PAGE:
Vinyl Vlog 485

Vinyl Vlog 485

Wednesday, 24 February 2021

Atlas Vending

One of my first priorities when the quarantine is over will be to start going to shows again. Not sure how well it’s going to go with a newborn child (quarantine makes fools of us all), but the Metz have shot up the priority list as one of the must-see live acts ever since Atlas Vending came out. Why? Because it’s the best thing they’ve done yet.

One of the reasons I wax philosophical about the Metz is because they were a missed opportunity for me on many occasions. It was clear when they first hit the scene that there was something special about them: that catchy rage, mixed with pounding beats and near-indecipherable guitar was something that, put together, made for a fresh and fun listen. They’ve managed to remain a fairly active band ever since their debut, yet I keep missing out on them when they come to town.

The Metz seem to know what they do well and have been doing it album after album, but it’s only on Atlas Vending that, surprisingly, they’ve made their sound much more accessible. Yes, Metz albums have that unique characteristic where you know you’re enjoying them when you’re listening to them, but you can’t really remember them after. It’s only here where Metz has further refined their formula and added some much-needed hooks and catchiness. While their previous three albums play like a continuous barrage of noise matched with a pulsing beat (and I mean that in a good way), the songs on Atlas Vending stand out and make this more of a journey, and quite an exciting one at that. I’m happy to say that Edkins’ vocals are as loud and indecipherable as always, which is the same I will say about his guitars. Bassist Slorach is tasked with bringing a melody and he does so in beautiful compliment. All this is rounded out by drummer Hayden Menzies who plays loudly and intricately, yet with a slight repetitiveness that will catch listeners’ attention. From the blazing “Pulse” to the downright poppy “A Boat to Drown In,” the Metz have managed to create a remarkably enjoyable album that also sounds quite violent.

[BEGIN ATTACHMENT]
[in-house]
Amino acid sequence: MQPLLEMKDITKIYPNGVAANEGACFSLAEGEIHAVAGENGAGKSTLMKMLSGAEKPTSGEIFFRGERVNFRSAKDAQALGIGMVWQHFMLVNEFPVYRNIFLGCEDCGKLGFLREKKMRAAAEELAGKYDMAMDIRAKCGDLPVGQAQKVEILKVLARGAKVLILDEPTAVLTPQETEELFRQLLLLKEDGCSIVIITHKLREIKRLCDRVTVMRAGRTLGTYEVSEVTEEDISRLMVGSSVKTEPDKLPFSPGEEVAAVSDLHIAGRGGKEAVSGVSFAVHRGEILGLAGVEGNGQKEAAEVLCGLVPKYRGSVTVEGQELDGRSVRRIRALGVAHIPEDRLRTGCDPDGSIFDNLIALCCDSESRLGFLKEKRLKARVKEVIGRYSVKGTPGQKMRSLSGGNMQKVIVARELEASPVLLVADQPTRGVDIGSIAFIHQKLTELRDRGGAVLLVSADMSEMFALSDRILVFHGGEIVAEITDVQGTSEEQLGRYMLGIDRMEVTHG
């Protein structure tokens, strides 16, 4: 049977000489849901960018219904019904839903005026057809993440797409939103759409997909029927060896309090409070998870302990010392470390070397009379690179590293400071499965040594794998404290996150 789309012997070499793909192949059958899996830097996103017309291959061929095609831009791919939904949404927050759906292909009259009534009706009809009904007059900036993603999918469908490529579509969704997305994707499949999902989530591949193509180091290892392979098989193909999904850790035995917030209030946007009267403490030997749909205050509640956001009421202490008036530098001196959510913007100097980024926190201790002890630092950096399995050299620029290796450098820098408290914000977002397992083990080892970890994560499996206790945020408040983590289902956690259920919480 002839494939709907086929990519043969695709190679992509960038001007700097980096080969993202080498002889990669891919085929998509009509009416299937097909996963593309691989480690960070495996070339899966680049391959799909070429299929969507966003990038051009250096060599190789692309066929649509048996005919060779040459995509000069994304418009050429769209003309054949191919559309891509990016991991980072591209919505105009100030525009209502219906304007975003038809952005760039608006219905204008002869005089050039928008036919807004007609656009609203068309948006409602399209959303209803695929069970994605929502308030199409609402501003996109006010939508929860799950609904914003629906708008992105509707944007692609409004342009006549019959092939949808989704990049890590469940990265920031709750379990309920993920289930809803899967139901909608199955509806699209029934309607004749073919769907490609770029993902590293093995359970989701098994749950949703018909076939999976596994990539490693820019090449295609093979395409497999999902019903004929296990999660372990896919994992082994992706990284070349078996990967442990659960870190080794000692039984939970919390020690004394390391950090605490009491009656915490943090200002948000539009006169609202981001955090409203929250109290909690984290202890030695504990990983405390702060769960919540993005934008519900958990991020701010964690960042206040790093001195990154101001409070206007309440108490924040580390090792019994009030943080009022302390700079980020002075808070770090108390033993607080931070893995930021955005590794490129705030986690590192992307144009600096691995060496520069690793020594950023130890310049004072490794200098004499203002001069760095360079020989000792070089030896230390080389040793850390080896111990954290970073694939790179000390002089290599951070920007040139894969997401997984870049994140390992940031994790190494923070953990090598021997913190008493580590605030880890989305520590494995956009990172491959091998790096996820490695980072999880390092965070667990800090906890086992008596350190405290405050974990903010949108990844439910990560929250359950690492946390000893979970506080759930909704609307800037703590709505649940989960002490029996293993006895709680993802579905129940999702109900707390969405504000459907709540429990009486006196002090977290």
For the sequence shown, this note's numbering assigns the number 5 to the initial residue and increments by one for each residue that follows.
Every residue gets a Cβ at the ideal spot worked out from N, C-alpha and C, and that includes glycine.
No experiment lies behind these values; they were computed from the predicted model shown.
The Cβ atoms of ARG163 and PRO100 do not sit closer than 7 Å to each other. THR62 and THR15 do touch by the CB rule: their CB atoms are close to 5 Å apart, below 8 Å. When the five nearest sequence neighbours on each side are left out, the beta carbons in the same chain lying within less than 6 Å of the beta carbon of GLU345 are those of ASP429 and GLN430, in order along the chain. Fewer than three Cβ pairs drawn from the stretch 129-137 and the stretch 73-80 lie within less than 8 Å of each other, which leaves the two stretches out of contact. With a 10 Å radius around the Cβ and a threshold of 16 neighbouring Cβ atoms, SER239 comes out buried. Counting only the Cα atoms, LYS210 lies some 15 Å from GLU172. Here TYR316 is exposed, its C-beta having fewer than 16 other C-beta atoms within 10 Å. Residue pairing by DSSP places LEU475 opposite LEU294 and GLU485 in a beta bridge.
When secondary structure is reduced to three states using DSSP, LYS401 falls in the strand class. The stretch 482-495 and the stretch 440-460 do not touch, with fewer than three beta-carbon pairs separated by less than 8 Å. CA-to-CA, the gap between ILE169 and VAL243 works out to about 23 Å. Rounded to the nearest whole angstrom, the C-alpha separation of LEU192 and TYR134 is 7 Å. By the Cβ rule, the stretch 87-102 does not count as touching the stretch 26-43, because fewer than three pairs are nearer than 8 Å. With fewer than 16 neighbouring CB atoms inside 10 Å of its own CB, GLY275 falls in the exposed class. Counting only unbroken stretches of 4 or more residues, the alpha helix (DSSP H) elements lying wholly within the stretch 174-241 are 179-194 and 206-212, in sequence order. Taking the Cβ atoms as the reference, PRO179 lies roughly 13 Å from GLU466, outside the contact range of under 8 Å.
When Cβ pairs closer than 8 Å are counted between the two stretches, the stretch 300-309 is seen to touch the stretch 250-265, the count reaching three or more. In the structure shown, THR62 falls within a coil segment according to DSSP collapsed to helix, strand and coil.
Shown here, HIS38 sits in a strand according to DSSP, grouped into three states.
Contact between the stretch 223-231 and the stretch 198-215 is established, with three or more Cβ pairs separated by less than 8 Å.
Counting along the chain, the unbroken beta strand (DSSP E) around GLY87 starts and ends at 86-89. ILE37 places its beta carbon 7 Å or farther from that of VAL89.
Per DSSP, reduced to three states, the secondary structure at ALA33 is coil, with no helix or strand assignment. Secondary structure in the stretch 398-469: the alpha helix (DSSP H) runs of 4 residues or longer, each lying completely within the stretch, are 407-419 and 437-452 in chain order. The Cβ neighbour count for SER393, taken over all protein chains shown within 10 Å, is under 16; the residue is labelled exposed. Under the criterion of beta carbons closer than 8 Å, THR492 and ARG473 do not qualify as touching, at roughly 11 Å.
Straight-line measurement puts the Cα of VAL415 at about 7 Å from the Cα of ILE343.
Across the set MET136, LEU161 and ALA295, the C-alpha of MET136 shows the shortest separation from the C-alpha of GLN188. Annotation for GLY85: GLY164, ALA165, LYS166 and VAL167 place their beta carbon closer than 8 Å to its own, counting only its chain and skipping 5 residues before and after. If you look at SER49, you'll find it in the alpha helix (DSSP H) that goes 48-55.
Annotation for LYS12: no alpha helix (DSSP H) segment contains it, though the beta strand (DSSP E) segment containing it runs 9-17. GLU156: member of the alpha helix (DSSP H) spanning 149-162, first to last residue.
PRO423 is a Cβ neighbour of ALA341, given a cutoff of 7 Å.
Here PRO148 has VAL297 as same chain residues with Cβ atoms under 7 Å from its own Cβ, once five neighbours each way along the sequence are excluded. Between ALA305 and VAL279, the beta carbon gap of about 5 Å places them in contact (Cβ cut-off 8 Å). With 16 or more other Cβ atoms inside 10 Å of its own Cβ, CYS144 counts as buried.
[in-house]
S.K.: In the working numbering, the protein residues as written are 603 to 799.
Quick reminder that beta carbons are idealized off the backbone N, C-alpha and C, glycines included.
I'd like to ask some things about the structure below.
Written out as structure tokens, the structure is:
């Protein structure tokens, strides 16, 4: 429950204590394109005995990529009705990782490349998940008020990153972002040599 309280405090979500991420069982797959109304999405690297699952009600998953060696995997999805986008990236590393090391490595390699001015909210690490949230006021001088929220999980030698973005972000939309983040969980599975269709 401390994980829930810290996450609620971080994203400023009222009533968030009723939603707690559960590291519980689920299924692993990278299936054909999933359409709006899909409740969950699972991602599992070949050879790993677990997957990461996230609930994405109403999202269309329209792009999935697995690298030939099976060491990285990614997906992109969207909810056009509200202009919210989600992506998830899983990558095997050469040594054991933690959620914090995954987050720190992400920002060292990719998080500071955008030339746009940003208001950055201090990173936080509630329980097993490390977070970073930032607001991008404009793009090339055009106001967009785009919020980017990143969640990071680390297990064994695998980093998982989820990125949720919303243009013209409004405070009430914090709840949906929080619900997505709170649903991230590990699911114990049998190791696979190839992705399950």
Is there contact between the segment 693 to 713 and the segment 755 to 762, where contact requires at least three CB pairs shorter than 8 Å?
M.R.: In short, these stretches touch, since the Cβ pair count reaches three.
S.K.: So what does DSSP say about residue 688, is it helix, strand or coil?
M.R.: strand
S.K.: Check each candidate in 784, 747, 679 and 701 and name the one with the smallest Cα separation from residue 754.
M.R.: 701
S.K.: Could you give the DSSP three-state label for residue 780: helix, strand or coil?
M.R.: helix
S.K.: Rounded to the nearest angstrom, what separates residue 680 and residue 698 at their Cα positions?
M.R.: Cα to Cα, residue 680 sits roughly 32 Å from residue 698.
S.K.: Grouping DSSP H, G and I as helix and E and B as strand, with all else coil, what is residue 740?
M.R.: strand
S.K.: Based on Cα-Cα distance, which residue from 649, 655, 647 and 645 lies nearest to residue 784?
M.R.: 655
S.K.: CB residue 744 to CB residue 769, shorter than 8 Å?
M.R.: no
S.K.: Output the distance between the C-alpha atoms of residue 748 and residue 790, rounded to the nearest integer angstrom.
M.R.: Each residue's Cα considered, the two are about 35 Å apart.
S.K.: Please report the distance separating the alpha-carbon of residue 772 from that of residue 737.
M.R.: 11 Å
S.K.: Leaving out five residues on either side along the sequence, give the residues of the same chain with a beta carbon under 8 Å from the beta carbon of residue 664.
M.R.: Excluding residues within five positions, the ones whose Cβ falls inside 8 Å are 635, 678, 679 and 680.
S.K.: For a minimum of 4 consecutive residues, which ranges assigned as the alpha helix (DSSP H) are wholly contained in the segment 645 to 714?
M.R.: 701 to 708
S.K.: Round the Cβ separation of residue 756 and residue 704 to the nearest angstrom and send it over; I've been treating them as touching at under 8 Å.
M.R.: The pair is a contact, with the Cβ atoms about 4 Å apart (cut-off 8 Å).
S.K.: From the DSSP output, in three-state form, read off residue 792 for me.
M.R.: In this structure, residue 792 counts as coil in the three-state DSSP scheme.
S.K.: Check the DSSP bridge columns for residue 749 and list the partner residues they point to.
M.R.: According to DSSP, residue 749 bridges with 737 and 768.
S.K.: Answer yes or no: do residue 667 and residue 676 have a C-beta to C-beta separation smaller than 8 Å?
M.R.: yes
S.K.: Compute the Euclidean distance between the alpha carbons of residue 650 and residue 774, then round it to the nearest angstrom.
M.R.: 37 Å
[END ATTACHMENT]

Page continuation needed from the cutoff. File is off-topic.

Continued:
Sub Pop vinyl is always a pleasure to own because they always do a little extra for their releases. Atlas Vending comes in an embossed sleeve, sporting a printed sleeve, poster, and this “loser” edition clear smoky vinyl that looks like a slab of marble. Sub Pop makes noise this loud look classy.

The songs on Atlas Vending are simply a heightened version of what Metz has been doing and show a further maturation of the band in a great direction. One of the best albums of 2020.

Get it from Sub Pop.

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